This week, major U.S. department store chain Macy’s revealed that they were targeted by a malicious online cyber attack that attempted to steal the payment information of their customers.
The macys.com website became infected on October 7 with what they’re only referring to as “unauthorized code” on their “My Wallet” and “Checkout” pages. This allowed the cyber thieves to capture credit card data from unaware customers attempting to use either of those two pages. Macy’s has stated that it wasn’t until a whole week after the site was compromised, on the 15th of October, that they became alerted to the breach.
The information that the attackers were able to access included detailed personal information, such as the customers’ full names and addresses, email addresses, their phone numbers, and financial information such as credit card numbers, credit card security codes, and the card expiration details of those that typed the information into one of the pages that had been compromised.
In a statement released by Macy’s, they have confirmed that they are investigating the incident while adding that they have taken preventative steps that will hopefully go some way in avoiding this sort of situation happening again in the future. In addition, Macy’s has insisted that it was only a small amount of their macys.com customers who were affected by the hack and they will be providing any customers who were affected one year of credit monitoring for free.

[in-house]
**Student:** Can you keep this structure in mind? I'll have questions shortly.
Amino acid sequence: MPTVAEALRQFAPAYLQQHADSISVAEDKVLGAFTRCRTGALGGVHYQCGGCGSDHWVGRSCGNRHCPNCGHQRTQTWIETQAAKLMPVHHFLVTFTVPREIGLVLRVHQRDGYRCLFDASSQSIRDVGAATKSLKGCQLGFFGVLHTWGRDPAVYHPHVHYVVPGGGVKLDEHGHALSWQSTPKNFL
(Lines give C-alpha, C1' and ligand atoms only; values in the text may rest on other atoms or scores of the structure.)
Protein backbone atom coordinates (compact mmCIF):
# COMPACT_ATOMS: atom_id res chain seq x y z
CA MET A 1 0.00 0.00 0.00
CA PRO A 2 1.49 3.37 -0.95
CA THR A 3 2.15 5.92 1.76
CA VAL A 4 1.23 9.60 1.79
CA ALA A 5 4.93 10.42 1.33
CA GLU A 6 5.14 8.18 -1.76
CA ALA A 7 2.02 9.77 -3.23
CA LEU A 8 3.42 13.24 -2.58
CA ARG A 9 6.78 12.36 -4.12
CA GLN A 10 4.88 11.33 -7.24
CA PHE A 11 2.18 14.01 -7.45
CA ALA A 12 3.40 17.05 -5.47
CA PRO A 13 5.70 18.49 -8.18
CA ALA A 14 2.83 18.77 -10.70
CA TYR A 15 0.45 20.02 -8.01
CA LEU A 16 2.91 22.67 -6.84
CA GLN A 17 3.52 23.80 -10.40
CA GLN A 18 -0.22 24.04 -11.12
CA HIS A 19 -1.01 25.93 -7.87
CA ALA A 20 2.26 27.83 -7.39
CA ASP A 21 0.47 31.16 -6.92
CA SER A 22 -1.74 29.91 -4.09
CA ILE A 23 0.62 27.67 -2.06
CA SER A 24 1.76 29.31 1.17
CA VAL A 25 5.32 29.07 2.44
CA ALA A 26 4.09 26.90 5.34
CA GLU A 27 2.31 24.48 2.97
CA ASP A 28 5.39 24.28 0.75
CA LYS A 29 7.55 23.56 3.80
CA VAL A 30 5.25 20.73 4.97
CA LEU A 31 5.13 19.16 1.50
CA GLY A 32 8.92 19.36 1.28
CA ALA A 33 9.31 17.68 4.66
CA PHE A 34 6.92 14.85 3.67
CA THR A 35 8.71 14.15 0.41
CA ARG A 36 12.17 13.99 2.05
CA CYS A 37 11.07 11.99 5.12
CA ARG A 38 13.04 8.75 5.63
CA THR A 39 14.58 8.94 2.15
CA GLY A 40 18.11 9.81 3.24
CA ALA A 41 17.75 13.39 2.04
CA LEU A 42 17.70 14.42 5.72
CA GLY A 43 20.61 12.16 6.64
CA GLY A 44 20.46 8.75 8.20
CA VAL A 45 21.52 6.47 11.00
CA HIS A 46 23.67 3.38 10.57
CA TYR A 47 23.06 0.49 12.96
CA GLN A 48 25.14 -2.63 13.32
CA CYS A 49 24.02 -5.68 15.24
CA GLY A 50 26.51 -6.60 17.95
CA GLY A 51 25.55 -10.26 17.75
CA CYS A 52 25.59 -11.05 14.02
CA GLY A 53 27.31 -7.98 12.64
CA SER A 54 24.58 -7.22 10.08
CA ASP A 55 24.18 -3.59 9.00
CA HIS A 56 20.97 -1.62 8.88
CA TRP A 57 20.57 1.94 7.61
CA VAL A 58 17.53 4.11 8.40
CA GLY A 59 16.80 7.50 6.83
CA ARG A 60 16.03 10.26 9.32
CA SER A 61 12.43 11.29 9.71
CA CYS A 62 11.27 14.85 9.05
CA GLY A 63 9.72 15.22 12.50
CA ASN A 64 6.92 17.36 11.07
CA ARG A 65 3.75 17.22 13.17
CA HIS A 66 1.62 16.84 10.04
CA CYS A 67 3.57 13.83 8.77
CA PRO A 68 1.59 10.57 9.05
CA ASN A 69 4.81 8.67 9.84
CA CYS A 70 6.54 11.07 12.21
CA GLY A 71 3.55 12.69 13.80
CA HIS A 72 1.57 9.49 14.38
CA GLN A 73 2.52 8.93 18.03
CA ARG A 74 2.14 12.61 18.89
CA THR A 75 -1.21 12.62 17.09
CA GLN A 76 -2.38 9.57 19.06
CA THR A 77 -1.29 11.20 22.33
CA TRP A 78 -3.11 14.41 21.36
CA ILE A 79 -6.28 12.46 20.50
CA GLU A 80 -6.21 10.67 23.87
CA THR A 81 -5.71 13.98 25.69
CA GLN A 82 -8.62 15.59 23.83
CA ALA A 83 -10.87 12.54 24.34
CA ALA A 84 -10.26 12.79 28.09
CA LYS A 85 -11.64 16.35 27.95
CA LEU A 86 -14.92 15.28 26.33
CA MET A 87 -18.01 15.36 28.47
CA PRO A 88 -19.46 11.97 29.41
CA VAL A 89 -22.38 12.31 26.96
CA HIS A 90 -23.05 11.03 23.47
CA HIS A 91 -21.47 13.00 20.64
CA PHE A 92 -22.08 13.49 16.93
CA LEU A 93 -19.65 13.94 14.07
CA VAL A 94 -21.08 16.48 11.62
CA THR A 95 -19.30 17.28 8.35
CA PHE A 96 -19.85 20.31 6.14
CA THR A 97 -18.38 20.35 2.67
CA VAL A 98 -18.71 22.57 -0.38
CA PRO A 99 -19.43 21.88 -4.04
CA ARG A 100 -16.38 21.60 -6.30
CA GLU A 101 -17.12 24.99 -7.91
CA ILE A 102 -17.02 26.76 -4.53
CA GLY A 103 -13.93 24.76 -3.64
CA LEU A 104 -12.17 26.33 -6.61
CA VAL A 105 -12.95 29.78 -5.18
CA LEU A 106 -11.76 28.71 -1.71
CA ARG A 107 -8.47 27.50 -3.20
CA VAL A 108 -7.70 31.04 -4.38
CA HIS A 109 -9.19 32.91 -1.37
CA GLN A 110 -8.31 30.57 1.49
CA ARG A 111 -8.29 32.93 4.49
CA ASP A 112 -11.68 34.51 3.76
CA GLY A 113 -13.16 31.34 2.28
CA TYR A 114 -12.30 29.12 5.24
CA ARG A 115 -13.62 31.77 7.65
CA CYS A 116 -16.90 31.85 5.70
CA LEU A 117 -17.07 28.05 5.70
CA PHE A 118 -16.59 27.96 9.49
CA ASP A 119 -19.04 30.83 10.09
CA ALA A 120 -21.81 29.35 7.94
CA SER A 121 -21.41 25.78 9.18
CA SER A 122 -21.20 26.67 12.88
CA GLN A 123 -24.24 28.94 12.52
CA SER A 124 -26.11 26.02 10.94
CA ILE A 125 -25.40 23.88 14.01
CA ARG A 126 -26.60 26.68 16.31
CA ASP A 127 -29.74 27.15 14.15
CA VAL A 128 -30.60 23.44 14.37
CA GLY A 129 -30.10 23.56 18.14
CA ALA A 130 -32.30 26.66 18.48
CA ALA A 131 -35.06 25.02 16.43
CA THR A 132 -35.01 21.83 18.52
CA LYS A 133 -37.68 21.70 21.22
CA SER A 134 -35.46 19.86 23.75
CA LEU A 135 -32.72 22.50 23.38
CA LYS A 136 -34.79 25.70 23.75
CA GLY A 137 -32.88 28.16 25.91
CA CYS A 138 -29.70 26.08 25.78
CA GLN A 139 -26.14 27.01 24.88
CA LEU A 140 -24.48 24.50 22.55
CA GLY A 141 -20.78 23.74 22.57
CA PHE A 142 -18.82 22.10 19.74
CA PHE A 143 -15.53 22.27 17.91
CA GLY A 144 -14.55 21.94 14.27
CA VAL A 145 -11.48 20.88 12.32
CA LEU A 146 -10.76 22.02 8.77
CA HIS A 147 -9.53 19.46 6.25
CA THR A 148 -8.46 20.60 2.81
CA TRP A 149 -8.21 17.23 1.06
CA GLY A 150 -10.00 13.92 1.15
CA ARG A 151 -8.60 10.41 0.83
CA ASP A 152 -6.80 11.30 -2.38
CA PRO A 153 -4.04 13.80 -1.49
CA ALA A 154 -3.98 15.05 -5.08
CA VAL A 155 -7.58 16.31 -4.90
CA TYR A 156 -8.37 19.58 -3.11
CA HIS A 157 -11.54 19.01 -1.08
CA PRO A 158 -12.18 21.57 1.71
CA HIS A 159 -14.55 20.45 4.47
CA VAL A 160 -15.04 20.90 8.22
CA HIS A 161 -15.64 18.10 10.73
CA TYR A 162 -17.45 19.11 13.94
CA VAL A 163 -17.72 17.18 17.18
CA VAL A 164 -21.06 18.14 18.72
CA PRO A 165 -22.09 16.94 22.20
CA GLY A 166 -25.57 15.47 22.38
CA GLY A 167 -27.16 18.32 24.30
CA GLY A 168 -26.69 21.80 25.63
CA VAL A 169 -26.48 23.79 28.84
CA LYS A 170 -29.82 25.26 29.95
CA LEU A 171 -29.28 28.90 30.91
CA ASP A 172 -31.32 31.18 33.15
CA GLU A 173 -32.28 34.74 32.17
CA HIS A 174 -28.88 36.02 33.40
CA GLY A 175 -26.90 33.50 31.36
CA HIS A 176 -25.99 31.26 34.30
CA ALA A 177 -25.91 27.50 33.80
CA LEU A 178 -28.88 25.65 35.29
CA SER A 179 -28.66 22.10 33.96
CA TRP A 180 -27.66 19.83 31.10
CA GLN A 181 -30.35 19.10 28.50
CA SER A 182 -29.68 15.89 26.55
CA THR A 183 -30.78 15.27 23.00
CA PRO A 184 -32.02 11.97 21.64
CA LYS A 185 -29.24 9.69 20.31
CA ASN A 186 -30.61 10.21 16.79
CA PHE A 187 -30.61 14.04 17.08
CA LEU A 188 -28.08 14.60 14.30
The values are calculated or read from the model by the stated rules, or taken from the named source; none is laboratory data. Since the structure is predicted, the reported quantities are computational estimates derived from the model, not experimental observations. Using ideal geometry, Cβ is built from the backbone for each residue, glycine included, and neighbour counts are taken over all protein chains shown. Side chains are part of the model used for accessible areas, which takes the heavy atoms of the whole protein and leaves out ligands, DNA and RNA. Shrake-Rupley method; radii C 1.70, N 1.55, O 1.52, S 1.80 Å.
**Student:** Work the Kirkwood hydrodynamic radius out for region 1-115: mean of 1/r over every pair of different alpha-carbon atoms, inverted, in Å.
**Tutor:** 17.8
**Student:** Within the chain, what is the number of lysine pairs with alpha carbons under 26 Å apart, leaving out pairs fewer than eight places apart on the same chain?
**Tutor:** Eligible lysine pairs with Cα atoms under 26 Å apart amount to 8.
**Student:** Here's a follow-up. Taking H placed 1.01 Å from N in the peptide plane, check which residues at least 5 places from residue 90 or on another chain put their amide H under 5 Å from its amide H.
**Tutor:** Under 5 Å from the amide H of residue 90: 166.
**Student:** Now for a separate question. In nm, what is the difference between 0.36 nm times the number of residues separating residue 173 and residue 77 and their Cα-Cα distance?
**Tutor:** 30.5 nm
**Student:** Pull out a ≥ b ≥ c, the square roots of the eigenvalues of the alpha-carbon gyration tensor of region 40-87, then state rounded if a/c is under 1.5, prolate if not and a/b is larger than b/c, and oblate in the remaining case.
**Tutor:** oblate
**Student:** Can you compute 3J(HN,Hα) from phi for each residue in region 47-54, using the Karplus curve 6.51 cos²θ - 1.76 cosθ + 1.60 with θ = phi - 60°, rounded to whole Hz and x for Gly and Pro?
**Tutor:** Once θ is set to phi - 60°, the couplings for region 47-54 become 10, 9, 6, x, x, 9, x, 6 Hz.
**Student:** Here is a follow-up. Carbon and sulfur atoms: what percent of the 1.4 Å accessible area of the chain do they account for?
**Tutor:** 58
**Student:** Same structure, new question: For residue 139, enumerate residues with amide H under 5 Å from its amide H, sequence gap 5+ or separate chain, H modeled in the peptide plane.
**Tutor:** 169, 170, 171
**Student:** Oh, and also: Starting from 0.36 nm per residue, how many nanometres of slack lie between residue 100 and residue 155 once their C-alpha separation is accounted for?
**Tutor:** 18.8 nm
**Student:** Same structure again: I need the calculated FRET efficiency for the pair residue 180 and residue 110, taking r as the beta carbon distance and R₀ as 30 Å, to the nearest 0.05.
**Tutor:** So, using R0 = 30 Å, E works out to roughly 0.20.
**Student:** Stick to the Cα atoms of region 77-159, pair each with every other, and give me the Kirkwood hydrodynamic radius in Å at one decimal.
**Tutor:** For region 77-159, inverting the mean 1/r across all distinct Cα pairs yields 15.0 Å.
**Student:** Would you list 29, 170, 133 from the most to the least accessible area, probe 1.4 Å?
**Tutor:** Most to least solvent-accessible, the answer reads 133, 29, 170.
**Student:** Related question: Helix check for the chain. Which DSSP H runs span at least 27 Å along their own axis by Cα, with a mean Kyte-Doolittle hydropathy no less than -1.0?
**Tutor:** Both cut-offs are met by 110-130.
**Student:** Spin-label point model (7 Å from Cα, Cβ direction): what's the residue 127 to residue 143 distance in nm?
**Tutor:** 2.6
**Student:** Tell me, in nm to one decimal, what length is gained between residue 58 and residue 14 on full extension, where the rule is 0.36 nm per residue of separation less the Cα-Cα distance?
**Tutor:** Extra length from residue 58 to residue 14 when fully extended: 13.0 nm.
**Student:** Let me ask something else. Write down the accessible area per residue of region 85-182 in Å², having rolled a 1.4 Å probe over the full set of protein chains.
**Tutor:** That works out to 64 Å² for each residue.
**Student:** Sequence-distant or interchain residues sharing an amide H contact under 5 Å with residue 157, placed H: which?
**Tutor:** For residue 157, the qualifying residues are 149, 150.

In another statement released by a Macy’s spokesperson, they said the following: “We are aware of a data security incident involving a small number of our customers on Macys.com. We have investigated the matter thoroughly, addressed the cause and have implemented additional security measures as a precaution. All impacted customers have been notified, and we are offering consumer protections to these customers at no cost.”
Cybersecurity firm RiskIQ recently published a report on the Magecart cyber thieves in which they stated the following: “Magecart is a rapidly growing cybercrime syndicate comprised of dozens of subgroups that specialize in cyber attacks involving digital credit card theft.”
E-skimming attacks have become so widespread in recent years that over 18,000 domains have been affected, and the FBI has had to issue a warning to businesses cautioning them of the cyber threat and urging that they have sufficient barriers put in place to ensure that they are fully protected should an attack occur. Methods such as keeping software up to date, segregating critical network infrastructure, enabling multi-factor authentication and keeping an eye out for phishing attacks have all been suggested by the FBI in their warning.
And one last thing to consider if you are a merchant and you are worried about data breaches affecting your bottom line: Host Merchant Services Data Breach Security Program. Click that link to download a PDF explaining the value-added service HMS provides its merchants that goes above and beyond just simple PCI Compliance and helps ensure a merchant’s peace of mind.